Cranial Osteopathy

The fine sense of touch used in Osteopathy is a vital requirement for Cranial Osteopathy.

One of Dr AT Still’s students, Dr William Garner Sutherland, further developed osteopathy from the early to mid 1900’s to include the delicate workings of the bones and connective tissues of the skull and their effect on flow of fluid around the brain, spinal cord and into the lymphatic system. This became known as Cranial Osteopathy, or Osteopathy in the Cranial Field.

The skull is made up of a series of bones that fit together in a way that allows some movement between the bones. Although there is a lot of movement allowed between the bones of an infant skull, there is still a small amount of movement between the bones of the adult skull. This allows movement of the cerebrospinal fluid that cleanses and nourishes the brain, and also allows drainage of the ears, nose and sinuses.

Cranial Osteopathy works by releasing restrictions between the individual bones of the skull, as well as restrictions in the internal connective tissues of the skull.

There are two important aspects of these internal connective tissues, the Falx Cerebri running front to back between the two sides of the brain, and the Tentorium Cerebelli running more horizontally between the cerebrum (main brain) and cerebellum (balance centre at the back, lower region). These two tissue layers attach to every bone within the skull (not including the face) and bind them together.

Together these two connective tissue layers were named the ‘Reciprocal Tension Membrane’ by Sutherland. These layers blend down into the covering of the spinal cord which then attaches to the sacrum at base of the spine. This firm connection between the skull and base of the spine is important in many chronic issues in the body.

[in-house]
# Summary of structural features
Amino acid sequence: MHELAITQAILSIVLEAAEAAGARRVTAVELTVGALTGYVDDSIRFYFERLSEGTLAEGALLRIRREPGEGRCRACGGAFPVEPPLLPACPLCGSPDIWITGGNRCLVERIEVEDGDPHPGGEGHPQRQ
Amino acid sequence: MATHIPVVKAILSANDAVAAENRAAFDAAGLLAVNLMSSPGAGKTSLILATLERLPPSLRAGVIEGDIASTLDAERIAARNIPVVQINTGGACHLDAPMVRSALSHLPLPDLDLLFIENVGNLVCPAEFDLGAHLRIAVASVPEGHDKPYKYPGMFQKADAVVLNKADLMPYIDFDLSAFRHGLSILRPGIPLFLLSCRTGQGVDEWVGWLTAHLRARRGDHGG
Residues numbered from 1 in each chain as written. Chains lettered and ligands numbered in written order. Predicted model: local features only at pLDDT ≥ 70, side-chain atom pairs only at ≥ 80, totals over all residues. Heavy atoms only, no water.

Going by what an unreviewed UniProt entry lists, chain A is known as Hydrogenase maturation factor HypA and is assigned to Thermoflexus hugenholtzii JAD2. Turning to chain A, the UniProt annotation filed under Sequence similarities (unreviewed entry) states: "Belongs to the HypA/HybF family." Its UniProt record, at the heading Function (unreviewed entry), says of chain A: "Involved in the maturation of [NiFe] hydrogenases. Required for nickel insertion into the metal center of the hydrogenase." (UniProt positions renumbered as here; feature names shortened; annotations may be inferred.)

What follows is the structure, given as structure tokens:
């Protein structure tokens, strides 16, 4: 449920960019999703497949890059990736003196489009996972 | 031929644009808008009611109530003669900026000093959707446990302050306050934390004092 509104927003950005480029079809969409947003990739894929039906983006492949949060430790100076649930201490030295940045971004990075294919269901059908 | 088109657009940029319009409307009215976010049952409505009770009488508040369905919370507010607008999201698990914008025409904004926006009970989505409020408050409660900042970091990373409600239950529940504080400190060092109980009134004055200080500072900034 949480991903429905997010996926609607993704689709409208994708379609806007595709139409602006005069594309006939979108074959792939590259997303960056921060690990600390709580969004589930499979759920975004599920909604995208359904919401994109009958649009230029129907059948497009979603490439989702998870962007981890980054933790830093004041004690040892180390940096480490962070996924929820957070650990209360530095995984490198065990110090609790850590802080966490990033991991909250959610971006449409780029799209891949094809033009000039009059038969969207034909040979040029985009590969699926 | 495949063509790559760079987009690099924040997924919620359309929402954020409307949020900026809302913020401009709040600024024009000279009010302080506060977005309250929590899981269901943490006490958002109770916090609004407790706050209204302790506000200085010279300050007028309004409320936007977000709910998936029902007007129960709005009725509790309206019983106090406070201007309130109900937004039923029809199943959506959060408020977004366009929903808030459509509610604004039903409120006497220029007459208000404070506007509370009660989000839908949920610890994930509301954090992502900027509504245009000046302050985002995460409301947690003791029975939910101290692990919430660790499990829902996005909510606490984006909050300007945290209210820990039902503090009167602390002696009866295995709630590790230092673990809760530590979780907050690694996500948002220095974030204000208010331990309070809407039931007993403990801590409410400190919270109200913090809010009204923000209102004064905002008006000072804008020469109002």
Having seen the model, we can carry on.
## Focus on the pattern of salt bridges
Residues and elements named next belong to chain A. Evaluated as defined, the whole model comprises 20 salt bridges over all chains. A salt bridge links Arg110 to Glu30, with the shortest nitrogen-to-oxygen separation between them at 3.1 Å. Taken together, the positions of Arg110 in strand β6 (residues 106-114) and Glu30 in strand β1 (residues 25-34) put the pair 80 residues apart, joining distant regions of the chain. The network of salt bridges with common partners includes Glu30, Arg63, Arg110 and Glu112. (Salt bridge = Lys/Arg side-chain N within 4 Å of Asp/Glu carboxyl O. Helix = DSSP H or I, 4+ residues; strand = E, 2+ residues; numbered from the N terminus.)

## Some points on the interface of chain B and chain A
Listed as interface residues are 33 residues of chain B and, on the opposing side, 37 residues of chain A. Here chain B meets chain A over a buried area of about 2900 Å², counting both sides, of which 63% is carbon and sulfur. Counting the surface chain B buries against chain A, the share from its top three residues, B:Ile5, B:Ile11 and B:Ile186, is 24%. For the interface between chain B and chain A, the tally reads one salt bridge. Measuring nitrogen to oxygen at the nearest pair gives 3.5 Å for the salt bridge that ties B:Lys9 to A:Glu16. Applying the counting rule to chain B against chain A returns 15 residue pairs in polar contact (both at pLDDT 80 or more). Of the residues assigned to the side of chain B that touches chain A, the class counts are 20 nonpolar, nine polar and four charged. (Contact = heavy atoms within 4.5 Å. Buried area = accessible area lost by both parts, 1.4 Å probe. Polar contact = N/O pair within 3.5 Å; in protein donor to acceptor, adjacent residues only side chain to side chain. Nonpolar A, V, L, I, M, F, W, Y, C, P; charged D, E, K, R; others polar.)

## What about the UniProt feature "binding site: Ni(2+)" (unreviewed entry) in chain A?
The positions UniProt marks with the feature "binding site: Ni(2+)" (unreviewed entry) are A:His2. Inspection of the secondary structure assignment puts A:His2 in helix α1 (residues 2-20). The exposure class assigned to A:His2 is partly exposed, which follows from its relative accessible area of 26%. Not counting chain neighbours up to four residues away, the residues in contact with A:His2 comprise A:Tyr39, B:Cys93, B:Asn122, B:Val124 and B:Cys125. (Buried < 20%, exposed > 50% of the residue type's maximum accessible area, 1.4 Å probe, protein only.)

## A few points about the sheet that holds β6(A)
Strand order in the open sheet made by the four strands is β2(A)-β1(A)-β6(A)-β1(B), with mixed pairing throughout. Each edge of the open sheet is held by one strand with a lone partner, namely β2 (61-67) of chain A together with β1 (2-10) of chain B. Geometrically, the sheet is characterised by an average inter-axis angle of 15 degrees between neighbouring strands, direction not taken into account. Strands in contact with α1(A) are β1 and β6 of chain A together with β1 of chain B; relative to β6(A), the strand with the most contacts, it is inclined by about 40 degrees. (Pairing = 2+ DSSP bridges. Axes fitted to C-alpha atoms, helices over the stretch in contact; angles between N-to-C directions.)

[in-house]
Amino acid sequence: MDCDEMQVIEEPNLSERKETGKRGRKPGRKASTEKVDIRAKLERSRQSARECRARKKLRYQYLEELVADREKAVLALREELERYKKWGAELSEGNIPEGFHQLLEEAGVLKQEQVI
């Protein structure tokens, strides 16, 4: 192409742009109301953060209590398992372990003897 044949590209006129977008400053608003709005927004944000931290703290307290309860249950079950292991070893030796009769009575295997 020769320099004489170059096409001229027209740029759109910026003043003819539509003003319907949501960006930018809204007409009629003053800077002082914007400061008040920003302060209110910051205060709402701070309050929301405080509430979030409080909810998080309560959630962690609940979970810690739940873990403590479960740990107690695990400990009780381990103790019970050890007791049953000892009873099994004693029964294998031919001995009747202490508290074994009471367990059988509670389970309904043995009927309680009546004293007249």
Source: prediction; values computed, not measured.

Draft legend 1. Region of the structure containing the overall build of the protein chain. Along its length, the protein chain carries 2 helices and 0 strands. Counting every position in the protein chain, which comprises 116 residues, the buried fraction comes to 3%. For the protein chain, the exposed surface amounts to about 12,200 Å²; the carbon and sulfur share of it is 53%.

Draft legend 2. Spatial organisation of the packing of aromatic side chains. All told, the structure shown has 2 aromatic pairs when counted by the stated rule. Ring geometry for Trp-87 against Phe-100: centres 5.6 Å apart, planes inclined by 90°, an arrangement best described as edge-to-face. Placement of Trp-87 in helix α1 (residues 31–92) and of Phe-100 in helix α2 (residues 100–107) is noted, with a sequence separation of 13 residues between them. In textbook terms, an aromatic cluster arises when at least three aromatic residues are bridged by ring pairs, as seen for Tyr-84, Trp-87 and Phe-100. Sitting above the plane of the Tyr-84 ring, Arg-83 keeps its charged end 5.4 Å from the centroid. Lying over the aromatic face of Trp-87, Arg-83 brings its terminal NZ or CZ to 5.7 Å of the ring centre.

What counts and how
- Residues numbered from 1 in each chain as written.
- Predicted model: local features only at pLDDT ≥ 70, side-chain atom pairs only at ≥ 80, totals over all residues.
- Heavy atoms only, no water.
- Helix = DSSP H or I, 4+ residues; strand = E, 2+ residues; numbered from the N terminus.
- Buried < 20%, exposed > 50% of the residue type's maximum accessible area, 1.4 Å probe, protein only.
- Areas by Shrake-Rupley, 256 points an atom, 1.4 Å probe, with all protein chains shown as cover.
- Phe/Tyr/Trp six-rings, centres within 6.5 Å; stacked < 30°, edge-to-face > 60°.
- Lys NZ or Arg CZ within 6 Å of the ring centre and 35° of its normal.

Cranial Osteopathy is difficult to explain briefly. Cranial Osteopaths agree that it takes about 10 years of post-graduate study and practice to really grasp it. The simplest way to summarise how Cranial Osteopathy treatment works would be this: If the bones and membranes of the skull are held in a neutral position by the Osteopath, strain patterns from birth or other traumas within the tissues of the skull and beyond can begin to unwind. This can assist in fluid flow around the brain and into the rest of the body. Working with the Reciprocal Tension Membrane and the innate forces of growth allows for the very gentle treatment of many cranial issues.

Although used a lot for infants and children, it is also used for adults in cases such as:

  • Head and facial trauma
  • Headaches and migraines
  • TMJ / jaw issues including pain and clicking
  • Cranial nerve issues
  • Fatigue
  • Pregnancy

For infant and children’s cranial issues see the ‘Paediatrics‘ tab.

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At Central Osteopathy we treat all the tissues involved in a problem including muscles, joints and connective tissues so that the problem resolves quickly.